B.O.’s biological father first learned about the sexual abuse in December of 2015, when he was driving her home from counseling. That day, B.O.’s boyfriend had written a text message to her saying he did not like appellant, which B.O. read aloud. Her father asked why her boyfriend did not like appellant, and B.O. said it was because appellant touched her when she was younger. Her father talked to B.O.’s counselor, Vilma Cea, a licensed marriage and family therapist. B.O. told Cea about what had happened using, as B.O. explained, “just general statements,” and not providing any details. Cea then called Child Protective Services.
Twenty-three-yearold Rebeca, appellant’s biological daughter, testified, for example, that she lived in the house with appellant and Sara for about a year and a half and that she slept in the girls’ bedroom and never saw appellant molesting B.O. According to Rebeca, B.O. had a bad reputation for being honest and she was frequently caught telling lies.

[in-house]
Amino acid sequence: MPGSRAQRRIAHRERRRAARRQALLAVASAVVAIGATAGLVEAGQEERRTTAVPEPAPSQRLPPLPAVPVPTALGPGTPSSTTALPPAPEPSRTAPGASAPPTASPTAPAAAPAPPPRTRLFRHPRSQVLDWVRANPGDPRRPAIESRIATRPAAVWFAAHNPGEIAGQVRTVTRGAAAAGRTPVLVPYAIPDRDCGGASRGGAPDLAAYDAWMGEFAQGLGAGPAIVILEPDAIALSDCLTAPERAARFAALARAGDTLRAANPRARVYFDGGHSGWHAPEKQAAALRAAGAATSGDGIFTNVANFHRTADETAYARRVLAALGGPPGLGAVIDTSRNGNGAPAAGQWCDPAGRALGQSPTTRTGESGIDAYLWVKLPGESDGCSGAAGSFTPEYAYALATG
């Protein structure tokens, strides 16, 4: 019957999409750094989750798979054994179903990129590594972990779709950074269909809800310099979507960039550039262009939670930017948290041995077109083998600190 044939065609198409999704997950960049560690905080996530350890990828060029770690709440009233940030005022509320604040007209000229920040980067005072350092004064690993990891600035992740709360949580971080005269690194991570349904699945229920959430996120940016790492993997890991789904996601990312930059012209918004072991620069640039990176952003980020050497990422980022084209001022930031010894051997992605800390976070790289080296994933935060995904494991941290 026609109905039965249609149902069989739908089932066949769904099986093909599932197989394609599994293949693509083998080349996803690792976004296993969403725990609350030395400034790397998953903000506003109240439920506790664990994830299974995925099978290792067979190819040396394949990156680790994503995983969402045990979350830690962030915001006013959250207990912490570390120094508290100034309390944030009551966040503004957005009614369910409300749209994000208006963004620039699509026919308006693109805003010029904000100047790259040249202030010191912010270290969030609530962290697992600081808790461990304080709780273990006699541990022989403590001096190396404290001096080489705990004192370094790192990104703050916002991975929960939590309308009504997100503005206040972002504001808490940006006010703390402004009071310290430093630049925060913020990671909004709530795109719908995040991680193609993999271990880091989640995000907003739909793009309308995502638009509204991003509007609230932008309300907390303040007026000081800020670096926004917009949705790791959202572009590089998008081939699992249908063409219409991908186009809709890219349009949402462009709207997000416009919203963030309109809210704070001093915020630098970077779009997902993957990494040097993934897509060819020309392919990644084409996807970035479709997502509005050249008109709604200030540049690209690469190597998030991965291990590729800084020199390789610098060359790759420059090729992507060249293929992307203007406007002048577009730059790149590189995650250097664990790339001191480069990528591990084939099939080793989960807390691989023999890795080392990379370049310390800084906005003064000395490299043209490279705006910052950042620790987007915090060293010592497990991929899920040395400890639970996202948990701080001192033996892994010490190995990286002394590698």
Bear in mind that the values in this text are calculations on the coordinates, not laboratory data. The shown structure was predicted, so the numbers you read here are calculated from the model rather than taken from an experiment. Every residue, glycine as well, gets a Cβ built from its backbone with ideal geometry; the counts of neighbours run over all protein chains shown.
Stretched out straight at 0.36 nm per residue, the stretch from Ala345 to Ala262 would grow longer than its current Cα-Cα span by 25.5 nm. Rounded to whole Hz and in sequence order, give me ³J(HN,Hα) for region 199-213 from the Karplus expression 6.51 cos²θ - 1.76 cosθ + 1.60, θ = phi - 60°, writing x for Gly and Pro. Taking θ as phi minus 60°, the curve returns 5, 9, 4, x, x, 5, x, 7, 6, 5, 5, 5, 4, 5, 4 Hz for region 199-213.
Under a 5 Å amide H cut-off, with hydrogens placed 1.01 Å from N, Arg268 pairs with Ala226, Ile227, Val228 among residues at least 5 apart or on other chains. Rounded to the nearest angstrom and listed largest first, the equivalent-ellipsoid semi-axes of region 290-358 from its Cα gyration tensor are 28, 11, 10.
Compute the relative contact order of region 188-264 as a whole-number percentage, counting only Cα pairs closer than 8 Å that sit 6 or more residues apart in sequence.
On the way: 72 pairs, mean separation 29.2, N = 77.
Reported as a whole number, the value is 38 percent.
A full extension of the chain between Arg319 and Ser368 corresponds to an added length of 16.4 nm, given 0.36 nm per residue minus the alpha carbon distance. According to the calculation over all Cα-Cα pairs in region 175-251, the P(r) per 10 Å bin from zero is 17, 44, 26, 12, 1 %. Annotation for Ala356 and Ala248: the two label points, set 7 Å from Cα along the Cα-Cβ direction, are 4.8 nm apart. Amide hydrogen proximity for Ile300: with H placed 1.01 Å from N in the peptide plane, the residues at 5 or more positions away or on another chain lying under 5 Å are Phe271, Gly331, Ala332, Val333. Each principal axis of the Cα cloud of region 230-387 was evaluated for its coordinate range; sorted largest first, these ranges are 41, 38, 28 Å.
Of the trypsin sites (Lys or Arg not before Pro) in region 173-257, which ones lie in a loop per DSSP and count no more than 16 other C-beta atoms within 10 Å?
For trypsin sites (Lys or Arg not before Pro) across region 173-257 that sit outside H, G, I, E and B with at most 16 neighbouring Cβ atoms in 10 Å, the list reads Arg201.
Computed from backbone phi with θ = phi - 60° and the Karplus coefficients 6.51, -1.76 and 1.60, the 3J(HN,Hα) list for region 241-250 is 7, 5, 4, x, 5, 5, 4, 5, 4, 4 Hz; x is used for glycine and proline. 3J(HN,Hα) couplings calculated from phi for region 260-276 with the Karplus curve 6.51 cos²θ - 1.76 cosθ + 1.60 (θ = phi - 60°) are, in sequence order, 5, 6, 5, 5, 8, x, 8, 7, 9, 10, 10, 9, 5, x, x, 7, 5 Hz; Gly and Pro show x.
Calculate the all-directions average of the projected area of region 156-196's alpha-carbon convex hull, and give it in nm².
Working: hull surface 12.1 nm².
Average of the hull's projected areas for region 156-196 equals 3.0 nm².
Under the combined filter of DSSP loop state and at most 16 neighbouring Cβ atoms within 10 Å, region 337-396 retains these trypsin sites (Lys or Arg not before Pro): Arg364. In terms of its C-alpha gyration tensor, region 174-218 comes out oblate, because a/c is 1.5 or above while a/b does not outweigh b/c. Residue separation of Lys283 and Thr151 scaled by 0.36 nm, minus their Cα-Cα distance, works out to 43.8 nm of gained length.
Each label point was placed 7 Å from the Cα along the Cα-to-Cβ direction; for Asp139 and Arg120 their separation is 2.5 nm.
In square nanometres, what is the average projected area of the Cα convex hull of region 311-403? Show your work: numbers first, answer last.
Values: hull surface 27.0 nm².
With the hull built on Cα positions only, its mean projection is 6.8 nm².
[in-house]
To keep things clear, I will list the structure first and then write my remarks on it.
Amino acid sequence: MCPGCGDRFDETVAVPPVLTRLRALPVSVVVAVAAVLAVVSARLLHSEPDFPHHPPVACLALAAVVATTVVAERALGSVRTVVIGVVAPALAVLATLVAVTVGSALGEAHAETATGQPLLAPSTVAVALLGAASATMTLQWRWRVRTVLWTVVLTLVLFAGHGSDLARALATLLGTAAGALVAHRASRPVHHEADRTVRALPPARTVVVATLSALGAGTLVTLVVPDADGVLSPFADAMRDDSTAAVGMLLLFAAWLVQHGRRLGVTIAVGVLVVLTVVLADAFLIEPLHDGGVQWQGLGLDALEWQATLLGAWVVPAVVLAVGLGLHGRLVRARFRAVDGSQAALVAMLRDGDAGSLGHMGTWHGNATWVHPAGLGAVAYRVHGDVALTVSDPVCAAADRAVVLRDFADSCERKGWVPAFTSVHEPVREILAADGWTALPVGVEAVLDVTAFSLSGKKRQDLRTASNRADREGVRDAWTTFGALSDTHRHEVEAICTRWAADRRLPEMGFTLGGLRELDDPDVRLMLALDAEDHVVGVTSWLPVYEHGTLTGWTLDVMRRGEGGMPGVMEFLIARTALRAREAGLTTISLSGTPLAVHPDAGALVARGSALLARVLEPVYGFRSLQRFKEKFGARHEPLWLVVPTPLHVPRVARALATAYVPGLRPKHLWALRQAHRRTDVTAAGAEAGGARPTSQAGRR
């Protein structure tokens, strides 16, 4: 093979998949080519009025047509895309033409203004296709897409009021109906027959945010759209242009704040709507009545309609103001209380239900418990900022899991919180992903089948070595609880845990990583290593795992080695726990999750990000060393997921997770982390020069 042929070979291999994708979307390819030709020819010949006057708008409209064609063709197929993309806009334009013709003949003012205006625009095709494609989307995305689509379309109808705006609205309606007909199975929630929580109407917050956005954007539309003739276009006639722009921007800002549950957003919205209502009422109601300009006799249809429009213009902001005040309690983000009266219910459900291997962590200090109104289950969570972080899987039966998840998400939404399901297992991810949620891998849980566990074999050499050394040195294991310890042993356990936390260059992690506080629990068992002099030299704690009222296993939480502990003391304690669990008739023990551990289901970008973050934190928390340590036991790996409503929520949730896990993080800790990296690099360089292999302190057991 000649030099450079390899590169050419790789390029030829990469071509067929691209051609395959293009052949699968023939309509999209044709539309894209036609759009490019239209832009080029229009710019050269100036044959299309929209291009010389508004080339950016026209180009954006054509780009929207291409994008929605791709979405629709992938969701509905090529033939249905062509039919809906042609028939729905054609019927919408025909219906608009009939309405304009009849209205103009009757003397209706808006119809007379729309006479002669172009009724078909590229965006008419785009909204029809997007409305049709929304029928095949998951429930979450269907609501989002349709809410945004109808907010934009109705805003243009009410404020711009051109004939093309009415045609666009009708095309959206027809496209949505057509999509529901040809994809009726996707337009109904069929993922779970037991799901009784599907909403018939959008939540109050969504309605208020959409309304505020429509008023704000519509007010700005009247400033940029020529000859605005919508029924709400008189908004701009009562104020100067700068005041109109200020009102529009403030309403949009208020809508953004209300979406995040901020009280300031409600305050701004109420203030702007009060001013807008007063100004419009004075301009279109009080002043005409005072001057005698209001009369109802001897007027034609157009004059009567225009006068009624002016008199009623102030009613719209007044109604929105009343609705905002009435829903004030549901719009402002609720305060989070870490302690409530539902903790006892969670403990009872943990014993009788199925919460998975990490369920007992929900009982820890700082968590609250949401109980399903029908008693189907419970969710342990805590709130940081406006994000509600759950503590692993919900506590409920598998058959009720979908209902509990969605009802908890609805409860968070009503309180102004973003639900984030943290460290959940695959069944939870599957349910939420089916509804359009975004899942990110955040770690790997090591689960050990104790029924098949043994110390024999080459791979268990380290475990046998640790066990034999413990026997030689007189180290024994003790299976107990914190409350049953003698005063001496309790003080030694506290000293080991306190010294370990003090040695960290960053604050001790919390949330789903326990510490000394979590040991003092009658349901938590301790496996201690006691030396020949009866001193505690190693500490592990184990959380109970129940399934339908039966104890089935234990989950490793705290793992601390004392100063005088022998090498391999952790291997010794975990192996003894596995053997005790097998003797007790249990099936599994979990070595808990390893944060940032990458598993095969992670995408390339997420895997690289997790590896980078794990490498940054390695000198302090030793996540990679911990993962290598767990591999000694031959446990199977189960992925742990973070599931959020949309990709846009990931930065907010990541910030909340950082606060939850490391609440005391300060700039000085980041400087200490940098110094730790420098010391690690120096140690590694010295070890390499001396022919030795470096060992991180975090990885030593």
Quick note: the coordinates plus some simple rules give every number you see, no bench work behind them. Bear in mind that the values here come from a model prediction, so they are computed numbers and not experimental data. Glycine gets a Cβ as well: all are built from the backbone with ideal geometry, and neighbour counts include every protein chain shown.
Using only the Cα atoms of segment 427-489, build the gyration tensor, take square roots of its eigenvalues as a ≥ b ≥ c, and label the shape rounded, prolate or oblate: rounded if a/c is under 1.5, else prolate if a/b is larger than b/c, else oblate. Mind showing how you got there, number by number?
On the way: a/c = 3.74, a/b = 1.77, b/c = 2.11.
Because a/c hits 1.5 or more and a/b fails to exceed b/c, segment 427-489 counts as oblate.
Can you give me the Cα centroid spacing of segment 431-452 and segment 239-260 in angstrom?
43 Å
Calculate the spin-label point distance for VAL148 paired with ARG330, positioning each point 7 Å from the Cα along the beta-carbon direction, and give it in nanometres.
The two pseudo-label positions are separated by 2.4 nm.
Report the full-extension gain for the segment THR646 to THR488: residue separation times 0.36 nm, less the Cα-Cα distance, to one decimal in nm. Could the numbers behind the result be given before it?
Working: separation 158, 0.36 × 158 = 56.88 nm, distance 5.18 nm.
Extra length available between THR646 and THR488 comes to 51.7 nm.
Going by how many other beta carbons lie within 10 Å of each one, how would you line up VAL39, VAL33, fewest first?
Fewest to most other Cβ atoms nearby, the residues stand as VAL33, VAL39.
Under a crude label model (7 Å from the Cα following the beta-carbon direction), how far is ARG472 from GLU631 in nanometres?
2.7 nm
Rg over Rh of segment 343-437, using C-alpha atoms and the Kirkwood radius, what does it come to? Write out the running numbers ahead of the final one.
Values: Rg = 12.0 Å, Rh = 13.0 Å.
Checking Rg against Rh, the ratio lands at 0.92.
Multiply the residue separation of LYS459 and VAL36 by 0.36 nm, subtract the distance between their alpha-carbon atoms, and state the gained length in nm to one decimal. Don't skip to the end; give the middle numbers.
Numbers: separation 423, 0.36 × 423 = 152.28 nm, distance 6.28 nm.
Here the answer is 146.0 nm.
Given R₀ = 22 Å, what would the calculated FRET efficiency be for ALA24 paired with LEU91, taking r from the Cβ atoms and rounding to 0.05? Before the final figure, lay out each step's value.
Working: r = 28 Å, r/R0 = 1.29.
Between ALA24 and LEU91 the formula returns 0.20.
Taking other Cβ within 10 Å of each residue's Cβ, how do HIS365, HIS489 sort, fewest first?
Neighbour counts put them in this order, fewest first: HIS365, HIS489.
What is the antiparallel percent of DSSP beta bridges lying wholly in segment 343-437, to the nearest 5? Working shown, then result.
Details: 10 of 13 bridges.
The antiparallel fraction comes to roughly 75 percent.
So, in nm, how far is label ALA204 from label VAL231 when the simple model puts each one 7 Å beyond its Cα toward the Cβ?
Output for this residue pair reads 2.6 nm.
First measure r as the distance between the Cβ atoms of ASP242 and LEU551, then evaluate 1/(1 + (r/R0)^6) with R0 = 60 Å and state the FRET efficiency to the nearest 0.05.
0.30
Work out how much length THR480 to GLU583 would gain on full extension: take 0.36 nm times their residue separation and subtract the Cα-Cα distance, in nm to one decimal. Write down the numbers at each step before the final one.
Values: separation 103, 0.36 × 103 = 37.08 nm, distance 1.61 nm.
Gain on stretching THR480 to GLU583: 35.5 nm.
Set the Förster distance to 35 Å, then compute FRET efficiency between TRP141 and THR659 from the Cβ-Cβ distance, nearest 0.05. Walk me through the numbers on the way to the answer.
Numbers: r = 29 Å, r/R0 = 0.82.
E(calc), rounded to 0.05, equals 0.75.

Other defense witnesses similarly testified that B.O. had a poor reputation for honesty. Appellant’s twenty-five-year-old son, Ricardo, testified that he lived with appellant and Sara from about 2007 until 2009 and that, during that time, B.O. had a bad reputation for honesty. Ricardo also noted that B.O. had nearly gotten him into trouble once, but had gotten caught. B.O.’s stepmother, Donna, who was then married to but divorcing Lee, B.O.’s biological father, testified that she saw B.O. regularly beginning in 2008 because she would stay one week with appellant and Sara and one week with her and Lee. In Donna’s opinion, B.O. had a reputation for not being honest. Donna admitted that she had not spoken to B.O. since July of 2015, and that she was unfamiliar with B.O.’s reputation for truthfulness at the time she made her outcry.